The Ingredient Swap You Should Try Next In Your Meatballs

Whether you're making them with spaghetti for an easy dinner, or serving them on toothpicks as an hors d'oeuvre for a party, meatballs in any form are a great addition to any meal. But as delicious and filling as they are, meatballs aren't exactly the lightest food item. And if you want to make a low-calorie version of them, most recipes leave you with little choice but to substitute the beef and pork for ground turkey.

This unfortunately lends itself to much drier, blander meatballs (via The Kitchn). The truth is that it's much easier to preserve the integrity of a meatball not by substituting the meat, but by swapping out the breadcrumbs for oats. According to Good Housekeeping, oats work well in meatballs because they're similar in texture to breadcrumbs, making them the perfect medium for binding together the meat, eggs, and seasoning. And because oats are a lot lower in salt and calories but higher in fiber, per SFGATE, using them in your meatball recipes is a great way to make them healthier.

Try using oats if your meatballs tend to be dry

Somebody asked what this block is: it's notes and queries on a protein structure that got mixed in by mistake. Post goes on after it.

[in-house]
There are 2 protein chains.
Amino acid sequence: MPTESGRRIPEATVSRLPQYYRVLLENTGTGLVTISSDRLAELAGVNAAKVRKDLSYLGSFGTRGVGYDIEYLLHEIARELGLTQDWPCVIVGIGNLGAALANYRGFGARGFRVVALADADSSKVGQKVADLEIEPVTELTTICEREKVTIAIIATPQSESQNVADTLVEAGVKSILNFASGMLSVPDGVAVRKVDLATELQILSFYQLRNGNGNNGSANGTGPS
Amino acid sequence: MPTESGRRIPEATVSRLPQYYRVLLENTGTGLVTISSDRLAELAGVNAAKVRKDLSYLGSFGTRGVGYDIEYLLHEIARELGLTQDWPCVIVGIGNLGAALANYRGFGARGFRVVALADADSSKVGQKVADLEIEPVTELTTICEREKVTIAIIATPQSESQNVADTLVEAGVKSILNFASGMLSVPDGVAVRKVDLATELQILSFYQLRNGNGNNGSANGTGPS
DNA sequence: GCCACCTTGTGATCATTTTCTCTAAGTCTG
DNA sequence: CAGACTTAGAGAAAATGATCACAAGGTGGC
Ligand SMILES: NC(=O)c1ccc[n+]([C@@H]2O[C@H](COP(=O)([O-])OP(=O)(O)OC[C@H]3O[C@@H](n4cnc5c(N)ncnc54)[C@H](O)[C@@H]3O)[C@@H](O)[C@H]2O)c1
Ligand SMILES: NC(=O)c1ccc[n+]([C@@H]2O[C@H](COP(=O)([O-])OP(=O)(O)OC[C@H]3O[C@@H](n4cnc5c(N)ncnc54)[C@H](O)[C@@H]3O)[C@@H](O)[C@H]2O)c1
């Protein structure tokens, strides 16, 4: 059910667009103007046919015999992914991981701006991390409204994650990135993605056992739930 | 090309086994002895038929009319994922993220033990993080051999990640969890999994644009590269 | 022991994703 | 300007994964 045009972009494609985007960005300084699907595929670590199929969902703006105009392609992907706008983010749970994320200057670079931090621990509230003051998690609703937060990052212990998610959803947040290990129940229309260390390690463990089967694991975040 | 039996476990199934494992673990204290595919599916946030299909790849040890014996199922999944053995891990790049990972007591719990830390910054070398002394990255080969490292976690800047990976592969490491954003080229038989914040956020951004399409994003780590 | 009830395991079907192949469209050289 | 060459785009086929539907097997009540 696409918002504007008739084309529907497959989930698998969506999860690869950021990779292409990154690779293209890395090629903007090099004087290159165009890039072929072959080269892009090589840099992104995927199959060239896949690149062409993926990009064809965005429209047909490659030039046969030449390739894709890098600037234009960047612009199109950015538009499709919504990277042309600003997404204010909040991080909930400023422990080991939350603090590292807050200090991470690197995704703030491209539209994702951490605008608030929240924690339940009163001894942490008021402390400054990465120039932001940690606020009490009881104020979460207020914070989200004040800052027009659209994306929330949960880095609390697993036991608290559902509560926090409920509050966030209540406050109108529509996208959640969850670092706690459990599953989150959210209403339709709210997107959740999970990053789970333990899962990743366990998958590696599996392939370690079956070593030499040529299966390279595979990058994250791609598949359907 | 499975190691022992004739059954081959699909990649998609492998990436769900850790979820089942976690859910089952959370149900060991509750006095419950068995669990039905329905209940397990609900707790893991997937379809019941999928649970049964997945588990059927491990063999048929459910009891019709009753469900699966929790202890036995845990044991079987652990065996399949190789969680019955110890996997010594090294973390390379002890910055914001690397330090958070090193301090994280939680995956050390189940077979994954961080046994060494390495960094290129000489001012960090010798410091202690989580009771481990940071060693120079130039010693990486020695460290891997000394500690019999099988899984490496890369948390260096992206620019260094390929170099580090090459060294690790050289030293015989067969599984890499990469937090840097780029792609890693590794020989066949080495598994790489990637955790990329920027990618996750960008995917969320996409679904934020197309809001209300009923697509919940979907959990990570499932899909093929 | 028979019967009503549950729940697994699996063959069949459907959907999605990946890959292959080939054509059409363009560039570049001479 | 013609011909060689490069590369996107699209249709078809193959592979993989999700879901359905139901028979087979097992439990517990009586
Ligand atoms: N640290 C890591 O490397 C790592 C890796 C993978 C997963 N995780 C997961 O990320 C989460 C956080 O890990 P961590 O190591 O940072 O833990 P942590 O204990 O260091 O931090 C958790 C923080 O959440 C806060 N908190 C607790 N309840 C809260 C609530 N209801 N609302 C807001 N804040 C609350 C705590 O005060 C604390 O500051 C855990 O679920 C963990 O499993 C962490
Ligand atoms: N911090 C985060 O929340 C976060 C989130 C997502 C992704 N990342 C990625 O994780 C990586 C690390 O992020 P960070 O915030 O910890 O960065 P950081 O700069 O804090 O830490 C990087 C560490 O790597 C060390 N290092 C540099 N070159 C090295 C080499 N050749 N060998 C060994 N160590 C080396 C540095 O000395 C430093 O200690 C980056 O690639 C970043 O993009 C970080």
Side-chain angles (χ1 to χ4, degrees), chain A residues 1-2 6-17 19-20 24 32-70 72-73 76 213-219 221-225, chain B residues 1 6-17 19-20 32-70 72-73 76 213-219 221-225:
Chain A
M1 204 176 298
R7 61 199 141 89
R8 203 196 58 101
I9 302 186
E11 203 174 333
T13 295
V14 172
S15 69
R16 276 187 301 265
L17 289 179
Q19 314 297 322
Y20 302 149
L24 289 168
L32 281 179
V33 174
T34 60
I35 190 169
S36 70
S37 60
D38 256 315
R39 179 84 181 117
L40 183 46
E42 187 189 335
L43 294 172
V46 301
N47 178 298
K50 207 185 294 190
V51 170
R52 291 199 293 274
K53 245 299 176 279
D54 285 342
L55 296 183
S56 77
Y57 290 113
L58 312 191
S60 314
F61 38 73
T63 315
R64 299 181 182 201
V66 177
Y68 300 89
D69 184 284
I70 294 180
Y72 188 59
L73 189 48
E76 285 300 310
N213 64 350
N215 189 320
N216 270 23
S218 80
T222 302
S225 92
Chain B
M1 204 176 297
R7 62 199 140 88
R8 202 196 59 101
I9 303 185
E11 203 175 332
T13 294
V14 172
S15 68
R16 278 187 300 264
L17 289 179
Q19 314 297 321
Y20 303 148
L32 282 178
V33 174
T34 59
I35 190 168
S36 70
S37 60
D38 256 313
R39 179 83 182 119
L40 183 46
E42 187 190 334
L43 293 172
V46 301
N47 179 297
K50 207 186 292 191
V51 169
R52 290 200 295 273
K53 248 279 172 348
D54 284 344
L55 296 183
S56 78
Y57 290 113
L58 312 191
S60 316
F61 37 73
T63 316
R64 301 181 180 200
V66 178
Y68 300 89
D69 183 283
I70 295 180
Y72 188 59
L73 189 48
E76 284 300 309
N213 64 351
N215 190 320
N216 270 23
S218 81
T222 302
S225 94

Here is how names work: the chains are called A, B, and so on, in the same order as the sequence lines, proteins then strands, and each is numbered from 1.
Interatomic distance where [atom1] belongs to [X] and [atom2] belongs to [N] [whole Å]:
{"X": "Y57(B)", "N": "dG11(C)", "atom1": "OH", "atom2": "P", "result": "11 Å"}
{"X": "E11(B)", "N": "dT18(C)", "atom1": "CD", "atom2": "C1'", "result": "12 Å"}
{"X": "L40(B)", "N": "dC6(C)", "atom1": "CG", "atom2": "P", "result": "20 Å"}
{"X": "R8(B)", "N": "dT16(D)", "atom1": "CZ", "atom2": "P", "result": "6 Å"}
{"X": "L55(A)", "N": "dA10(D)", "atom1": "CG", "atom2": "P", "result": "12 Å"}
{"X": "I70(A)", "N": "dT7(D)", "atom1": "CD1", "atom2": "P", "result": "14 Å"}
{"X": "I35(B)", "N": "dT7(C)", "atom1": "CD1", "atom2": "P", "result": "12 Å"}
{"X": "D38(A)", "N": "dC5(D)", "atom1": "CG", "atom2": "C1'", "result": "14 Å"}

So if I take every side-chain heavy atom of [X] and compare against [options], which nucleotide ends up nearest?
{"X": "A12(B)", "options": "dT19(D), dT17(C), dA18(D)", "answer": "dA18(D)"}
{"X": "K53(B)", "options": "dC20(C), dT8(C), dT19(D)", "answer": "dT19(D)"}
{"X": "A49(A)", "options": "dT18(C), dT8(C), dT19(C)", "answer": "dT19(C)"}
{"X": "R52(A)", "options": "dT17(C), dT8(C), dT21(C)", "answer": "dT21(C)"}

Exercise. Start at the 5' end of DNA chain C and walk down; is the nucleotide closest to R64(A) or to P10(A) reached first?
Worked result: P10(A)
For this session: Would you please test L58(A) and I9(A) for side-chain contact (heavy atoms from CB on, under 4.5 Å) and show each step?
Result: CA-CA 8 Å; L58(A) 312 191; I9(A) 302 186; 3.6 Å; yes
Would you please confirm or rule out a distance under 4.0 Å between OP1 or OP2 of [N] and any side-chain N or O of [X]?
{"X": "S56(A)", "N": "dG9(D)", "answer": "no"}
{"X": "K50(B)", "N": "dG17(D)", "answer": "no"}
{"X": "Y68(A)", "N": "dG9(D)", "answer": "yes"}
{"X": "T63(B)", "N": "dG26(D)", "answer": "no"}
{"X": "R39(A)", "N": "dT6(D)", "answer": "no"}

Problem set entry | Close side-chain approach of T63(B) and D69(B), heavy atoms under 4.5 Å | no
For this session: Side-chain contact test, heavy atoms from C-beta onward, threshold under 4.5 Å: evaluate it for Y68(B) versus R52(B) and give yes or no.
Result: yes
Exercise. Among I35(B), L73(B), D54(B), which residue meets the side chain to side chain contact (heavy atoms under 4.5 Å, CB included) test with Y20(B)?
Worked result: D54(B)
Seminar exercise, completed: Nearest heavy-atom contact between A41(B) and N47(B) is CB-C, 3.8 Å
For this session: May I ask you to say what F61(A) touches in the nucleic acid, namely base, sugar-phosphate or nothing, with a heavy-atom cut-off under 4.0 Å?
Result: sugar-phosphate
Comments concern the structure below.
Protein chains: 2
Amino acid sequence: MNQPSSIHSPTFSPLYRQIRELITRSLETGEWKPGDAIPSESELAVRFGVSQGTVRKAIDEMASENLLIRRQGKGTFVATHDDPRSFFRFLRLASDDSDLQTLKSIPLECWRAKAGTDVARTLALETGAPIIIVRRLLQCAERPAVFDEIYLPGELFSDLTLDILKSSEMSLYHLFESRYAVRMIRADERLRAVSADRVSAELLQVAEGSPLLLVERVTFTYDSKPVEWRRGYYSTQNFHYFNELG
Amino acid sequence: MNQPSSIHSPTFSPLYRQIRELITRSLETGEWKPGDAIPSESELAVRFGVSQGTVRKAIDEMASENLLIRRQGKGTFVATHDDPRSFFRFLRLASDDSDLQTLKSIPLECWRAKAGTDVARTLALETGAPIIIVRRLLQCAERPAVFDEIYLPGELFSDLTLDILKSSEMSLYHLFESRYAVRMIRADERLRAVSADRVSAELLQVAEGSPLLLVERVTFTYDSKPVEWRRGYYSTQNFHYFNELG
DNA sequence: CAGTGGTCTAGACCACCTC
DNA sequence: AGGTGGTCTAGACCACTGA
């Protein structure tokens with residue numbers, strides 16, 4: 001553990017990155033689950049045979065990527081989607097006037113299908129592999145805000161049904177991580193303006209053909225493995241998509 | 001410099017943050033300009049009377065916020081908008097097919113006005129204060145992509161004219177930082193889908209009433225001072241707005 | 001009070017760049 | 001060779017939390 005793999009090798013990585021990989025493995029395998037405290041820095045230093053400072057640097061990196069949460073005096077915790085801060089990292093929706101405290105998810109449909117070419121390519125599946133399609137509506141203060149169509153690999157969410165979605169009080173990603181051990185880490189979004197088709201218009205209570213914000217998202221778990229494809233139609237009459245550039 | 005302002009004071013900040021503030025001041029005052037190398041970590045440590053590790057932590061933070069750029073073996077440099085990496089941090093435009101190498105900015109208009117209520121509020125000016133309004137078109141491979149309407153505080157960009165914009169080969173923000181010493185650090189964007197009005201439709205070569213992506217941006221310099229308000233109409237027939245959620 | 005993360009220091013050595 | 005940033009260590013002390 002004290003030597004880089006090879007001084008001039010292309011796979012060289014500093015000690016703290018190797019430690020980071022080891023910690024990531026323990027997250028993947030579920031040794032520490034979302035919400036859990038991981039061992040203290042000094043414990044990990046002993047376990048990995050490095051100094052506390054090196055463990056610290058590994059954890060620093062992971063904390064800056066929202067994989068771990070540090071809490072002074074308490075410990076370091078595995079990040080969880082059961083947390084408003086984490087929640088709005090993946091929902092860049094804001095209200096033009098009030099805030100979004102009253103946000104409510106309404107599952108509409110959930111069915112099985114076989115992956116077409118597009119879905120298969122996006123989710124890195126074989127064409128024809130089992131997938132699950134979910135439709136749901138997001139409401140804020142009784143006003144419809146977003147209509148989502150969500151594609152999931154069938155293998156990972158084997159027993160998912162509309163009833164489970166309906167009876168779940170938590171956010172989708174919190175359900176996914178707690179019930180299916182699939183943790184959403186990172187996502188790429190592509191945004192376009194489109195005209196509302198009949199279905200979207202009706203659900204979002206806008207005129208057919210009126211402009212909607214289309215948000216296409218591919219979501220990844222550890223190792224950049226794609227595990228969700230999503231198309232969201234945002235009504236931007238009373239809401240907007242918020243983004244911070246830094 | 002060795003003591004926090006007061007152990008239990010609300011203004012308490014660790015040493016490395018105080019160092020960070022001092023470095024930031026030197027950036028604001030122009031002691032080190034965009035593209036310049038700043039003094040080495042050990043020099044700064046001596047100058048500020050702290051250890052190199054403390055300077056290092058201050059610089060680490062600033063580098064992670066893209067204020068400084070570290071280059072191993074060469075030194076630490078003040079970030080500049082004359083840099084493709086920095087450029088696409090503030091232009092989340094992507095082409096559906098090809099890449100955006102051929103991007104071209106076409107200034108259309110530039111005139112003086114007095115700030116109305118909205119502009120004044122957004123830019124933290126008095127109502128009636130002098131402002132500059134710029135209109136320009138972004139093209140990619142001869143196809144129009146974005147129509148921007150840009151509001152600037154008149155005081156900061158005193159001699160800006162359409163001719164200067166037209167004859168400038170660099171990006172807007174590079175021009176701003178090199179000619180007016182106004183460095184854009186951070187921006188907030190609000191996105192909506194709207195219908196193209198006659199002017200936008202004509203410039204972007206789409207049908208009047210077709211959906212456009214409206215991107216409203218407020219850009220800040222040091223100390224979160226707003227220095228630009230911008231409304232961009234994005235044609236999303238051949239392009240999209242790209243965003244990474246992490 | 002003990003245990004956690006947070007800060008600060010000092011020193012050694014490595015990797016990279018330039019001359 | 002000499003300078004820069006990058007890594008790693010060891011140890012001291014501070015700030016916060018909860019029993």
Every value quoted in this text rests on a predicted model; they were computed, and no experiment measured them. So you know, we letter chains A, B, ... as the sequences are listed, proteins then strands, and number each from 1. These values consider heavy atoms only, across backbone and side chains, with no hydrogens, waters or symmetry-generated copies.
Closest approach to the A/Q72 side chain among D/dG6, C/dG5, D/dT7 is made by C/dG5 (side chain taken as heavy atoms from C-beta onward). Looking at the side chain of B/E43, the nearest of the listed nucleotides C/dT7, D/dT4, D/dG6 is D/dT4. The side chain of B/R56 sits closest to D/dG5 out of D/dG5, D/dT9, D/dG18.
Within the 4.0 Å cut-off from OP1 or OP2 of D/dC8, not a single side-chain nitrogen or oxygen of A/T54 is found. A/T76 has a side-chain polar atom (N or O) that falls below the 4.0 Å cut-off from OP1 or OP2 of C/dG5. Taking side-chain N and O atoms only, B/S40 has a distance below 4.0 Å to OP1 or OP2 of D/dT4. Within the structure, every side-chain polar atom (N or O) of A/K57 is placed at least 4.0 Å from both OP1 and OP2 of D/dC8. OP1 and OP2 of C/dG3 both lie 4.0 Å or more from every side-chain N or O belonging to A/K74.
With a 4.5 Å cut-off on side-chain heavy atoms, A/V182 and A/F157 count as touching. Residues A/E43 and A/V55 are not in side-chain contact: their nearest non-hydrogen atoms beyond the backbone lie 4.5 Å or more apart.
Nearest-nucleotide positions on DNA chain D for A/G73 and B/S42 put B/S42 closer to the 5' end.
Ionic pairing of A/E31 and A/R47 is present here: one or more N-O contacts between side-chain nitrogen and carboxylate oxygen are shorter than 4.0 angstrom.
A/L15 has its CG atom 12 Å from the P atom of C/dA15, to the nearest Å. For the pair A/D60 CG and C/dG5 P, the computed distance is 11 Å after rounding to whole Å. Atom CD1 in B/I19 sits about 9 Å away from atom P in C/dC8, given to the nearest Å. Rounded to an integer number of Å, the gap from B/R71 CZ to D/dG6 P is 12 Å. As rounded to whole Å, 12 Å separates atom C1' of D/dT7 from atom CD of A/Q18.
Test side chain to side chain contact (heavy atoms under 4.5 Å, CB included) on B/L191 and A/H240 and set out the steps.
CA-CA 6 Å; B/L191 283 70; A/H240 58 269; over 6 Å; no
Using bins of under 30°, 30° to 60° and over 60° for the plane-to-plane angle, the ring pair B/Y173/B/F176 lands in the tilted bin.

Any time you use ground turkey or lean beef in a healthy recipe, because of the lower fat content, the end result will be lacking in moisture. For meatballs, this can be easily counteracted through the addition of oats.

As Laura Fuentes explains, oats are naturally predisposed to absorbing liquid. In the same way that breakfast oatmeal expands and absorbs the hot water you pour over it, the oats you add to meatballs will absorb any liquid ingredients — milk, Worcestershire sauce, even eggs — while also retaining whatever seasoning you decide to add. And because oats naturally absorb moisture, they also make for softer meatballs.

Of course, that also means, according to Good Housekeeping, that meatballs with a crusty exterior are out of the question when using oats. Breadcrumbs crisp up well; however, oats do not. But if juicier, low-cal meatballs sound delicious to you, oats are definitely the ideal ingredient substitution.